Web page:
To pay vendors for merchandise shipped after its bankruptcy filing in September, a lawyer for Toys R Us said the embattled retailer will create a $156 million fund. But lawyers representing the retailer’s vendors said that amount doesn’t cover the $760 million in trade claims, CNBC reported.
Some vendors thought their shipments would be paid through a $3.1 billion bankruptcy loan, but lenders and legal fees have priority for those funds.
“It’s a really hard pill to swallow,” Erika Morabito, a lawyer for a group of trade vendors, said at a U.S. Bankruptcy Court hearing. Morabito said that despite employee layoffs and store closures, vendors are in a “dire” situation. If vendors don’t receive a larger settlement, Morabito said the group, along with other vendors, may seek litigation “against the persons or entities responsible for the severe losses suffered.”
The news comes as lawyers and advisers for Toys R Us have reportedly turned down a last-minute bid for the retailer’s U.S. stores from MGA Entertainment Founder Isaac Larian because his offer didn’t meet the threshold set by the court, according to a person familiar with the matter.
Larian had made an offer of $675 million for the Toys R Us stores in the U.S. In addition, he bid $215 million for the retailer’s operations in Canada. Advisers and lawyers for Toys R Us were still reportedly looking at offers for the retailer’s business in Canada when news of the bid surfaced on Thursday (April 19).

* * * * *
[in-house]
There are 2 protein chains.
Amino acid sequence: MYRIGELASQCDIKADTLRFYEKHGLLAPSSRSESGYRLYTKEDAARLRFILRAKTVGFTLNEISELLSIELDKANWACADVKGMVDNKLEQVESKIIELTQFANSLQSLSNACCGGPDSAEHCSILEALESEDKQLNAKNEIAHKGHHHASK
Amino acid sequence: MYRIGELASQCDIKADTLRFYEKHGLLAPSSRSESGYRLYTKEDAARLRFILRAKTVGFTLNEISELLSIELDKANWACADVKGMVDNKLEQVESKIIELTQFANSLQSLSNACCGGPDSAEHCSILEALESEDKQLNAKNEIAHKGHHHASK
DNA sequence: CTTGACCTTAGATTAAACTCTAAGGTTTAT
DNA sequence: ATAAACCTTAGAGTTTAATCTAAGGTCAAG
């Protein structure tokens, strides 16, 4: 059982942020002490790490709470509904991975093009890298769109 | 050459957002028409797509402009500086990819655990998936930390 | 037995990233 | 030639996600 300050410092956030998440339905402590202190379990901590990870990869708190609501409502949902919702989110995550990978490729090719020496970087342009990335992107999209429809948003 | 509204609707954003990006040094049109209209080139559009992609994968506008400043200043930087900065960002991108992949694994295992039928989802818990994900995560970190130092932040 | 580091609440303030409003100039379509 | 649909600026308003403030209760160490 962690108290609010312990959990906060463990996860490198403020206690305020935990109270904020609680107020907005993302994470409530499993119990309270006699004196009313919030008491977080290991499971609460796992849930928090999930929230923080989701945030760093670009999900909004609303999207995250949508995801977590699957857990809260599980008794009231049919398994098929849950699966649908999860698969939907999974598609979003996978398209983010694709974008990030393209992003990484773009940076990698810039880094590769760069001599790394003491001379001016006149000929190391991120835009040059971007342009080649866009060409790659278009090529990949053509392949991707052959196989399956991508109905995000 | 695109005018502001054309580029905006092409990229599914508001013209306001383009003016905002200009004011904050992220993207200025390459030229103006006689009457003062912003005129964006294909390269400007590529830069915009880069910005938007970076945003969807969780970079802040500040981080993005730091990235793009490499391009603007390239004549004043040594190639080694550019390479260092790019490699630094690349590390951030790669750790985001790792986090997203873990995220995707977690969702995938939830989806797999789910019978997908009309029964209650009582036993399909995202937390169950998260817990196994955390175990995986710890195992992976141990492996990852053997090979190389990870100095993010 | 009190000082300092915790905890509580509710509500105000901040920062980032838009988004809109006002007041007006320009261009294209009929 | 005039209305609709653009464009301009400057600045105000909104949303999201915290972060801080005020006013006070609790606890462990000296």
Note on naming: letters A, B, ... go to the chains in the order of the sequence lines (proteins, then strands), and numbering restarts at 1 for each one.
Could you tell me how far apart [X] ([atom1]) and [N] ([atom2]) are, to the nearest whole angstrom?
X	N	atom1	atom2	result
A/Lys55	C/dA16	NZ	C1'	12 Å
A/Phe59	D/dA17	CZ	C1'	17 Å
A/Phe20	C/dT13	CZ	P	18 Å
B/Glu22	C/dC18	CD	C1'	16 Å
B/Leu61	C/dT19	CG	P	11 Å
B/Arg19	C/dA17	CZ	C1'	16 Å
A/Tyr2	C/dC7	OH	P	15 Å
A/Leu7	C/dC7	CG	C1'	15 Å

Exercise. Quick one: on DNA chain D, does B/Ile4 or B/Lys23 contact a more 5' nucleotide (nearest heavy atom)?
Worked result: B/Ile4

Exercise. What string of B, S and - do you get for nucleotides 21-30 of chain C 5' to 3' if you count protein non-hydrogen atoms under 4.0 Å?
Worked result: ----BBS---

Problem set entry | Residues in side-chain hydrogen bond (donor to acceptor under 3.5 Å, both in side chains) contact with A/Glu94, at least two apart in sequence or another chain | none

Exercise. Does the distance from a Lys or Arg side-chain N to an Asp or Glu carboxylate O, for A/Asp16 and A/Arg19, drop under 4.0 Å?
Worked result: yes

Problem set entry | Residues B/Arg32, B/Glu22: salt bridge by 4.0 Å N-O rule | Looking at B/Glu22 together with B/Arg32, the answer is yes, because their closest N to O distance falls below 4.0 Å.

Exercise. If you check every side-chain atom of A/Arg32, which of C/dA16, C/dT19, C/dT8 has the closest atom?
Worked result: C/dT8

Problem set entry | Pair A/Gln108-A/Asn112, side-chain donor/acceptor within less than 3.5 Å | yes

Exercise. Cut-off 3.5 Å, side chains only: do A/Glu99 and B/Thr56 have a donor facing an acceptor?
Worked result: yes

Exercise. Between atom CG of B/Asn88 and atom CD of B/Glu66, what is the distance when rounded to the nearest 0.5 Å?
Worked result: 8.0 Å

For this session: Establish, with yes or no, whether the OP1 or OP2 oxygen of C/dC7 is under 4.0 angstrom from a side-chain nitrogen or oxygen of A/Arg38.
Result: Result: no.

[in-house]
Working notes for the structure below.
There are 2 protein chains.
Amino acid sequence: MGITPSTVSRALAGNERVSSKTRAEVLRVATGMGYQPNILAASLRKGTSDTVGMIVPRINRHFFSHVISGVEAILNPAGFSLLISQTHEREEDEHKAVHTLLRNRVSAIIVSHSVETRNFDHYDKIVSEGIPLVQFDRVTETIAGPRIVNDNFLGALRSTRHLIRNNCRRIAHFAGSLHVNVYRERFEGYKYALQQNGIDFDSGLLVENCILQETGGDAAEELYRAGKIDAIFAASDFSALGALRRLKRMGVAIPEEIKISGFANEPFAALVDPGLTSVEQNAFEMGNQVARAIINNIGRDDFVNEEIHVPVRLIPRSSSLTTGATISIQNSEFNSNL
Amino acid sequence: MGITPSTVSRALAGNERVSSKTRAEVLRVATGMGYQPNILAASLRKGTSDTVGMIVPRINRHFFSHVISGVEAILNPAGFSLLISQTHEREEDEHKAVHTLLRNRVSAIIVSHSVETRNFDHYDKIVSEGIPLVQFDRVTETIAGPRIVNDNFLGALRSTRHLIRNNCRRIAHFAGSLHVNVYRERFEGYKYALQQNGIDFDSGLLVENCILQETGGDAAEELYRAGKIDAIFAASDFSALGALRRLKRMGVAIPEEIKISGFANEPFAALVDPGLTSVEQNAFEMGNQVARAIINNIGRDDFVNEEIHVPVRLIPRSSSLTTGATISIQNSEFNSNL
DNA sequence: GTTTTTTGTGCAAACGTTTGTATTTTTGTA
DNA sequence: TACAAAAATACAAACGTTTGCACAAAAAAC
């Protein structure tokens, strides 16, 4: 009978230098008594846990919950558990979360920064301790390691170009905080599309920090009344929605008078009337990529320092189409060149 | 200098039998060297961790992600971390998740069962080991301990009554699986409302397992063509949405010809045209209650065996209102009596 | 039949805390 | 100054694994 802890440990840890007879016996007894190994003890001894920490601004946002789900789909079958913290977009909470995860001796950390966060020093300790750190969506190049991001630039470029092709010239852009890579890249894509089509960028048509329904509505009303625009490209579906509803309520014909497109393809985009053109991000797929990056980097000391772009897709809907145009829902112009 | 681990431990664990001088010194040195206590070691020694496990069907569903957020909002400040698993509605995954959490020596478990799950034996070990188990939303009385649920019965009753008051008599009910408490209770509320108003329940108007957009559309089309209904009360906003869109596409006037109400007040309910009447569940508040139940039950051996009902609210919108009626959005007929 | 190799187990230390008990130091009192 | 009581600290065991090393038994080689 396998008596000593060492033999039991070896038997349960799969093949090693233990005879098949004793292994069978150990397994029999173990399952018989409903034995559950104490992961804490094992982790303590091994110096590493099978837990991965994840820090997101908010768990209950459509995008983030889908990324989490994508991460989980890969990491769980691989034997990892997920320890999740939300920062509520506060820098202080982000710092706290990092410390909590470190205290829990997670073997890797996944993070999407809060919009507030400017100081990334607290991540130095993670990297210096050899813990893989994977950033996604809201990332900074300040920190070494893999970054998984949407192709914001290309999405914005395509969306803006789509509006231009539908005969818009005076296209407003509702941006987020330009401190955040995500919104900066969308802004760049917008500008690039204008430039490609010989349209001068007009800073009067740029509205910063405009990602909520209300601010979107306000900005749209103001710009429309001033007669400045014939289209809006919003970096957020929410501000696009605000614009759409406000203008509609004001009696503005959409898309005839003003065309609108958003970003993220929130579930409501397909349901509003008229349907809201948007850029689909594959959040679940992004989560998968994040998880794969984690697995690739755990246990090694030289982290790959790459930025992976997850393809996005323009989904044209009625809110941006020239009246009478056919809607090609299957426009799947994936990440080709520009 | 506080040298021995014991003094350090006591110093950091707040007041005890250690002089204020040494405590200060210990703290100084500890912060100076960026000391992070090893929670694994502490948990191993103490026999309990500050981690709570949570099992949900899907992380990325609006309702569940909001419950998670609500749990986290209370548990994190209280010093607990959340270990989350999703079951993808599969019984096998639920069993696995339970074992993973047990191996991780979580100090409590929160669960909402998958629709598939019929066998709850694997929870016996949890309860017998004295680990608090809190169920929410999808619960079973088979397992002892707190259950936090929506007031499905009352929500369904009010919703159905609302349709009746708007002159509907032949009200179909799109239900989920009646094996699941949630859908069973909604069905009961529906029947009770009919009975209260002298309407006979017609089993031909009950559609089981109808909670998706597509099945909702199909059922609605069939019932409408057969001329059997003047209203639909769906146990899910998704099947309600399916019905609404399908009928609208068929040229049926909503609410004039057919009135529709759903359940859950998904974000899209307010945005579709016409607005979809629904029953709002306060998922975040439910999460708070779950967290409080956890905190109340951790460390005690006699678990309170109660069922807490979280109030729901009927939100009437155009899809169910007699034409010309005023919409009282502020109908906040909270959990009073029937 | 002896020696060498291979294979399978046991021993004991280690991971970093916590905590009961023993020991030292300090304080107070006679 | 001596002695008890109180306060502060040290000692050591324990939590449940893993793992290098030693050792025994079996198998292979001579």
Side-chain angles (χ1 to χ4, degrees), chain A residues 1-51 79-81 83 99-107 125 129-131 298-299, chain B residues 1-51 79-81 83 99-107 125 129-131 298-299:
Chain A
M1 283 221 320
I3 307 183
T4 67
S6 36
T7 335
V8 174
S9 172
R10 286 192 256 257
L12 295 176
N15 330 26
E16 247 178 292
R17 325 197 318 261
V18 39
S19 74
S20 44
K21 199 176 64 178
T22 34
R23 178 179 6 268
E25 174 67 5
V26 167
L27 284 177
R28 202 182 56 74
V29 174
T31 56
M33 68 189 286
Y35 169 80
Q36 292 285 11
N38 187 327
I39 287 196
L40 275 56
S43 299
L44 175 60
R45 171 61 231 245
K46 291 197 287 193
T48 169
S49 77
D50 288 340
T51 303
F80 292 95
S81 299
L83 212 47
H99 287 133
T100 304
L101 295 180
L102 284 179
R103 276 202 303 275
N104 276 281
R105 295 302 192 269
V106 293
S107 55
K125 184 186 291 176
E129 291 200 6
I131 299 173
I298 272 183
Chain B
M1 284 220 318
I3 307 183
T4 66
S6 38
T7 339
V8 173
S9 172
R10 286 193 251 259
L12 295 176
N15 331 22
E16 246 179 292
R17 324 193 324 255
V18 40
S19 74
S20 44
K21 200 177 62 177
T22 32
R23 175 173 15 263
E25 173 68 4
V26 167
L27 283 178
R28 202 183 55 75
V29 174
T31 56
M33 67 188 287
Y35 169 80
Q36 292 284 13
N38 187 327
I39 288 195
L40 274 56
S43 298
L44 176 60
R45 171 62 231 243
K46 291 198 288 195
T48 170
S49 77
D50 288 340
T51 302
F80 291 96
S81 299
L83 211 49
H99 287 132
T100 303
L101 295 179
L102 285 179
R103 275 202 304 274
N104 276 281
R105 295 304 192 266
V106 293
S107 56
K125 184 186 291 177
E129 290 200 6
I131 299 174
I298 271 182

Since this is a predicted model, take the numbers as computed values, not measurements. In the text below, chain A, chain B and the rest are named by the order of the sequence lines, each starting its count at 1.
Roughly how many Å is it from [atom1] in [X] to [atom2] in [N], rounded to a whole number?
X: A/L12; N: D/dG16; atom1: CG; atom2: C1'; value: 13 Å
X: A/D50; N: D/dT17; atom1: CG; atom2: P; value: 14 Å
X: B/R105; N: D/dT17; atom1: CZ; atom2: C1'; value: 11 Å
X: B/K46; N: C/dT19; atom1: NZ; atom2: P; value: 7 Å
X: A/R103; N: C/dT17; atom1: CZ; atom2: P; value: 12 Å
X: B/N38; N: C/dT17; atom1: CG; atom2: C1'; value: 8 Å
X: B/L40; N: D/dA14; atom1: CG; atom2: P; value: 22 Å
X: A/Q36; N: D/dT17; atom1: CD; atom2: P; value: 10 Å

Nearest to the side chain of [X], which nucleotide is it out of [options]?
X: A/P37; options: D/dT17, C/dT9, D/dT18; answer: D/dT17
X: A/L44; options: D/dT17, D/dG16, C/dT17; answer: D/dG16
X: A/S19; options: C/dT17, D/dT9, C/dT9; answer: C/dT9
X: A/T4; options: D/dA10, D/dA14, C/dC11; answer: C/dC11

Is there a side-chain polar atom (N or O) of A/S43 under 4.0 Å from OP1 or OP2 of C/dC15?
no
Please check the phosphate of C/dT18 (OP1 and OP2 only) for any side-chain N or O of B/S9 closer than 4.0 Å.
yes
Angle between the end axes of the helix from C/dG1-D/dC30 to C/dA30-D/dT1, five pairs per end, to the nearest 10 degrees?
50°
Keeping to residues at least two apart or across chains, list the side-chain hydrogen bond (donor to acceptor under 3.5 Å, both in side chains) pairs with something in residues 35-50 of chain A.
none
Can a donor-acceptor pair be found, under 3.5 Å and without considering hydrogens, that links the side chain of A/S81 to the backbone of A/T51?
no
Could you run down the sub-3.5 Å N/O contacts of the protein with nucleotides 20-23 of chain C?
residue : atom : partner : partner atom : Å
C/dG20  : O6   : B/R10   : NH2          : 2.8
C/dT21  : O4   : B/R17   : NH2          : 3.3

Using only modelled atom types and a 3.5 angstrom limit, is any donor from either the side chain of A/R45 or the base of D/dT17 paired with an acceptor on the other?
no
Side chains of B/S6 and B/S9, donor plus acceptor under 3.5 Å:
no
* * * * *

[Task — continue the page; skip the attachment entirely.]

The retailer has over 700 remaining locations in the U.S., including those under the Babies R Us banner. If completed, the company’s liquidation would be among the largest in retail history since Sports Authority closed nearly 500 stores, The Wall Street Journal reported. Since a leveraged buyout, Toys R Us has been burdened with over $5 billion in debt. Competition from eCommerce retailers such as Amazon and discount stores such as Walmart hasn’t helped the company either.